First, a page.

Sunday, November 30, 2008

Who Moved my Wachamacallit?


I cleaned my room today, and this is such a rare occasion (happens only twice or thrice a year) I had to mark it on the calendar proudly, like I’d won an award or climbed a mountain. Shit, I could actually see the floor!

My room and my daily planner are contradictions. If you walk in (after pushing the door forcibly because it doesn’t open all the way because of the mattress on the floor and the bags I hung at the back of the door), you’d think it was an abandoned warehouse. Everything is in disarray- cabinets vomiting books, the closet door parted because the underwear drawers are stuffed to the brim with socks, boxers, and briefs, a locked suitcase with a conspicuous padlock lies on the floor with magazines on top, towels hung on the headboard, laptops on the pull out bed I never use, my comforter carelessly strewn on the rumpled bed, swim goggles and speedos on the chair, reference books, novels, DVDs, photocopies, projects, a manuscript, lotions, scents, chargers, and Kelly forceps (Wtf?), bags, shoes, slippers, my Clinical uniform, and a mountain of laundry litter the rest of the surfaces.

Yet in the middle of the pile are my planners (yes, three of them). They assure that everything gets done on time and future plans are set. One is for school and travel, another is for budget, bills and taxes, and the third is for fitness (ang arte!) which records my weight fluctuations, diet, dates when I last exercised (may kasama pang smiley face pagnag swim or gym)- and sometimes, if I get really crazy, I calculate calories I burned and calories I consume.

The standing policy in our house is: whatever you do, don’t touch my stuff! Sure, a snake or a scorpion may possibly be living in the crevices of that mountain of laundry, but once, all hell broke loose when a well meaning household help cleaned my room without my knowledge, and in the process, lost an important document. We had to sort the trash downstairs and comb the house to look for the item. She never attempted to clean my room again. Amazingly, even if everything was in disarray, I knew exactly where I put each item- and if someone moved it I’d know.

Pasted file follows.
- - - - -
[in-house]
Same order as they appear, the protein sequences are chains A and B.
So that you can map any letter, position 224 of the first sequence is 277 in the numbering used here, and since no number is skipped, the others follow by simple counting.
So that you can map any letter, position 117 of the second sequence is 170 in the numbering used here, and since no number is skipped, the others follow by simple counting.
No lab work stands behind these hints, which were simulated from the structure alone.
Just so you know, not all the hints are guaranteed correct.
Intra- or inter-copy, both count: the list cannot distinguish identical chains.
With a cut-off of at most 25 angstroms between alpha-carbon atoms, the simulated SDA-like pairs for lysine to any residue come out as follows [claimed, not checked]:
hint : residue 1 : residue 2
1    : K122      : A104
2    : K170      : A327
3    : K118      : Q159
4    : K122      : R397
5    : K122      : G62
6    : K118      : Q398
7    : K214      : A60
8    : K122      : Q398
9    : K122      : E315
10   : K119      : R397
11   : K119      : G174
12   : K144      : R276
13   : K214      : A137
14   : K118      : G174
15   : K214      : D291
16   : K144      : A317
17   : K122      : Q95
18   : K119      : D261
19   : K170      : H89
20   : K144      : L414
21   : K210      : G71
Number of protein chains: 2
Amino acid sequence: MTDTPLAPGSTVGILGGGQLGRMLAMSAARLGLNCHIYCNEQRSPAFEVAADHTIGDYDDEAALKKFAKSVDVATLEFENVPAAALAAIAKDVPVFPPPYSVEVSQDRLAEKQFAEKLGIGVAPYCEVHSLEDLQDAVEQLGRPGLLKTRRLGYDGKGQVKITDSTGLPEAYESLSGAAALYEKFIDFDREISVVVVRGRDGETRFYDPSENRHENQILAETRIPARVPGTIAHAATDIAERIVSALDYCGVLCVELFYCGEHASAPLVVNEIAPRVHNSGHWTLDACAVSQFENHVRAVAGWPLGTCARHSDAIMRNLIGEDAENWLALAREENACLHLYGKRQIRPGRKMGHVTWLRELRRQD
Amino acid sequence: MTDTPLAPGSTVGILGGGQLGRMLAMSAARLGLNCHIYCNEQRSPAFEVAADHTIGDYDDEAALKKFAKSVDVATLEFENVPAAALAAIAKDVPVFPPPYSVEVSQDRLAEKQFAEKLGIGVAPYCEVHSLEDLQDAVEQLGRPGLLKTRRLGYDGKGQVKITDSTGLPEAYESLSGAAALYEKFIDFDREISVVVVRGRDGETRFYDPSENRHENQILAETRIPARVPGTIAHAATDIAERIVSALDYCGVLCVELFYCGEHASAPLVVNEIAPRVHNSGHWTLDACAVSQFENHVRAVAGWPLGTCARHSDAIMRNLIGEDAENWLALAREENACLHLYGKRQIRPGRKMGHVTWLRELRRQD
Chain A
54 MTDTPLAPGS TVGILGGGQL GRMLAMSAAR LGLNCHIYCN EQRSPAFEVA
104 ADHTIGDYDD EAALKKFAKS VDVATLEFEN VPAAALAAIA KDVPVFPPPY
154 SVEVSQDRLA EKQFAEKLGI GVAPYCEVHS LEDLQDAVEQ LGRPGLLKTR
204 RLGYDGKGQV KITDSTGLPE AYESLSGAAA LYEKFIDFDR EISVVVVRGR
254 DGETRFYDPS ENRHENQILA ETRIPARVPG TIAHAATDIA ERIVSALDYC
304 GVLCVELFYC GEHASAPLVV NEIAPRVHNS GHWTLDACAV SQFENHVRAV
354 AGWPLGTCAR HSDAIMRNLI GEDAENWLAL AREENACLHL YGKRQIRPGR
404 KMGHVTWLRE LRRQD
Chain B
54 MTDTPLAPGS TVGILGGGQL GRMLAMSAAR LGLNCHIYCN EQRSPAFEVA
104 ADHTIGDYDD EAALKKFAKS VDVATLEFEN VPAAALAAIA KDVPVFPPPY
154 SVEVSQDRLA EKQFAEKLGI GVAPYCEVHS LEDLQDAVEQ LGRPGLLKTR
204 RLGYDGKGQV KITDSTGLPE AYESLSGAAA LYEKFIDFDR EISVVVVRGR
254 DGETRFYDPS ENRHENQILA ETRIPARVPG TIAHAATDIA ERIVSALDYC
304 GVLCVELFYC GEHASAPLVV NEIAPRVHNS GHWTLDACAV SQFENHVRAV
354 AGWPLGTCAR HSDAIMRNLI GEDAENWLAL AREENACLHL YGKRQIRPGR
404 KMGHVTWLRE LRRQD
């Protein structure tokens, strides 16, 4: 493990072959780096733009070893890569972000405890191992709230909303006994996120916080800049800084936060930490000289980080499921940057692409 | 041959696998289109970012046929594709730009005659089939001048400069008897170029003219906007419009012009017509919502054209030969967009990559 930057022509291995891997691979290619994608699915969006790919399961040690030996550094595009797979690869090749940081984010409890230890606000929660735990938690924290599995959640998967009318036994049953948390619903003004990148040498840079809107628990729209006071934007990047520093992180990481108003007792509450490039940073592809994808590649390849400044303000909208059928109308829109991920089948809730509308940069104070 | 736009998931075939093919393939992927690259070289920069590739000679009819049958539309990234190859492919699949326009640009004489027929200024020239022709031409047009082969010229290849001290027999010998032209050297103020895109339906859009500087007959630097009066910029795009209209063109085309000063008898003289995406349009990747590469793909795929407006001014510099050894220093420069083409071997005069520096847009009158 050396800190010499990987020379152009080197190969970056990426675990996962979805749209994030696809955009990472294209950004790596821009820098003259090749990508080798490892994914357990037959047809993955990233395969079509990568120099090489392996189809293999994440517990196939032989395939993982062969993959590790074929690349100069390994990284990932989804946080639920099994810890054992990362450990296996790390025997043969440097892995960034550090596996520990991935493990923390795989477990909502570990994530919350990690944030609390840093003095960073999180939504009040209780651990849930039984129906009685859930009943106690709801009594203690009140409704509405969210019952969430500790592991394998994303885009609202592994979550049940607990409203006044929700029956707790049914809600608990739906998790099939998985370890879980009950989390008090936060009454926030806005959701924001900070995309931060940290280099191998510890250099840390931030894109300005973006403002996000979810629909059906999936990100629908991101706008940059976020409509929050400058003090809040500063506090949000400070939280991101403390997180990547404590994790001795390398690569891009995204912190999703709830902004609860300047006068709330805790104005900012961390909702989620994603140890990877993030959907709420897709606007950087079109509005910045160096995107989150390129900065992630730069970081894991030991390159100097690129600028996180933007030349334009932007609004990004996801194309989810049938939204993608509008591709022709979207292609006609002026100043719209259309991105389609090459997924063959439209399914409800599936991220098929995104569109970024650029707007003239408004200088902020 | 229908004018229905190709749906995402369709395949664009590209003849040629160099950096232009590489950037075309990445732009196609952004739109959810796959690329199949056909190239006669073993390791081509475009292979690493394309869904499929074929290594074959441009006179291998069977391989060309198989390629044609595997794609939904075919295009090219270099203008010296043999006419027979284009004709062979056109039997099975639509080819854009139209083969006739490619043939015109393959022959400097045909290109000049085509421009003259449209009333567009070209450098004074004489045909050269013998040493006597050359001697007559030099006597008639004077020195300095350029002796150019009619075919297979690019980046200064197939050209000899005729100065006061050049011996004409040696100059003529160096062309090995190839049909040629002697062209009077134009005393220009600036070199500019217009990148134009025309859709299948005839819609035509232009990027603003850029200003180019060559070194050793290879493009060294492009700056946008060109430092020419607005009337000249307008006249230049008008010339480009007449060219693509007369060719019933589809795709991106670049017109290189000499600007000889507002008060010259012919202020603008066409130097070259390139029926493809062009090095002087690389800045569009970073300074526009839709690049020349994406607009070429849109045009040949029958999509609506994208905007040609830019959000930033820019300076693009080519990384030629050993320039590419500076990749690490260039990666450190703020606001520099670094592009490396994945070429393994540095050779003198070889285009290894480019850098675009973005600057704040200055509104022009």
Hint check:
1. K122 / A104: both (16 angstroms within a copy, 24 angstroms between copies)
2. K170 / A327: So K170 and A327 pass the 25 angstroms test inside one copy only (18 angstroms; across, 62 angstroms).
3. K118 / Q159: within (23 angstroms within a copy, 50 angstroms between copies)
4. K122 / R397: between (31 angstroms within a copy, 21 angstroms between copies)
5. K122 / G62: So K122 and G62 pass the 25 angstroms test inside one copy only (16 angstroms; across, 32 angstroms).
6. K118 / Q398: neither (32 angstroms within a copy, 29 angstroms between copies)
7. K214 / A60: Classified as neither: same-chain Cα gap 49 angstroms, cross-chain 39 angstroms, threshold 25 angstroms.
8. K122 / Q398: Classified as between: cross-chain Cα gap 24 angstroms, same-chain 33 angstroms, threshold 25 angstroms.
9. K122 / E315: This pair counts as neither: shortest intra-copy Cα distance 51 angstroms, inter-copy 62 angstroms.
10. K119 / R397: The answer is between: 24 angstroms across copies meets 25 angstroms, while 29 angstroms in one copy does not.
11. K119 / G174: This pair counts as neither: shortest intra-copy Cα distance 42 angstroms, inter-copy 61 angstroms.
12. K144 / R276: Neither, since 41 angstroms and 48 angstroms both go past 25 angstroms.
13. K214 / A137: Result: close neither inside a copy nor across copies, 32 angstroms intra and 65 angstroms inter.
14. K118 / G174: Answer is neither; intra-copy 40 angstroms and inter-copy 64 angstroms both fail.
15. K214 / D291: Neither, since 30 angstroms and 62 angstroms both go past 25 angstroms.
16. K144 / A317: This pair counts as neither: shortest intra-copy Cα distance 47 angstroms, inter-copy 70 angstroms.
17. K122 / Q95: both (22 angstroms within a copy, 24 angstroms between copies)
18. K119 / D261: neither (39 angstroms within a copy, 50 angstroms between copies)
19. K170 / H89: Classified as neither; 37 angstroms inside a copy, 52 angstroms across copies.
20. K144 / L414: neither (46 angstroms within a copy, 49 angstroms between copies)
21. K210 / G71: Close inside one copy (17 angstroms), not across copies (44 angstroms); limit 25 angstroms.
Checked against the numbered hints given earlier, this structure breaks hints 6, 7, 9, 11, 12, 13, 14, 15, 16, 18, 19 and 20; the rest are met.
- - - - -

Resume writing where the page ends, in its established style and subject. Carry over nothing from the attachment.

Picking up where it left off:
So there, I’m probably crazy and I’m a slob. Three cheers for acting normal today!

Wednesday, November 26, 2008

Gunboat Adventures (Part 2)

For Part I click here

A couple of Lionfish swam past, towards the corals. I floated about cautiously, admiring their splendid spikes that made them look unearthly. The muscles of my legs started to cramp a little bit- but if I stopped doing flutter kicks I’d sink to the depths.

I felt the pressure on my ears- I equalized just as the Divemaster had taught me. Three people in a giant soup- that was what we must have looked like. Suddenly, the seafloor diappeared from view- what appeared to be was just darkness below. I felt a slight flip of my stomach.

30 Feet below Sea Level

My mouth and throat felt dry from the oxygen, but I dared not to swallow and let some saliva moisten it- I could accidentally let go of the oxygen regulator- and at 30 feet underwater- that can’t be a good thing.

I followed the gaze of the Divemaster and the British guy- just ahead, illuminated in a ghostly glow was an enormous gunboat. It looked as dead as it was dreary, seemingly foreboding as it threatened to swallow us.

There were less corals now, and only but a few fish swimming past. It was as if living things avoided the desolate spot.

The Divemaster turned to us and signaled “follow me”.

The was no sound except for the constant hiss of my regulator and the gurgling sound of bubbles as they rose to the surface. We swam deeper towards the boat.


50 Feet below Sea Level

It began as a whisper of fear. A slight knotting of my stomach, which suddenly spread to the rest of my body. To my horror, I recognized it as a sign of a panic attack.

I began reciting prayers in my head to try and calm myself down, while trying desperately to swim towards the Divemaster so I can signal that I needed to surface.

“Oh God, oh God.”

My legs felt like lead, and one of my fins were loose. I finally was able to grasp the Divemaster’s ankle. In the dim light, he turns to me questioningly.

Shit! I racked my brains- what was the signal for distress? I couldn’t think anymore, all I wanted to do was get out of that place. I was hyperventilating now, and I could see the oxygen bubbles swirling about.

He signaled CALM DOWN.

I continued to struggle through his grasp, wildly signaling and pointing up. Take me to the surface!

“Oh God, he doesn’t understand. Take me up!” I screamed in my mind.

I remembered what he said during the lesson: do not inflate your vest so as not to rise to the surface rapidly. Fuck it.

I began to kick. Kick and swim towards the surface. Finally, he understood. He signals to the British diver, grabs my vest, and slowly pulls me towards the surface.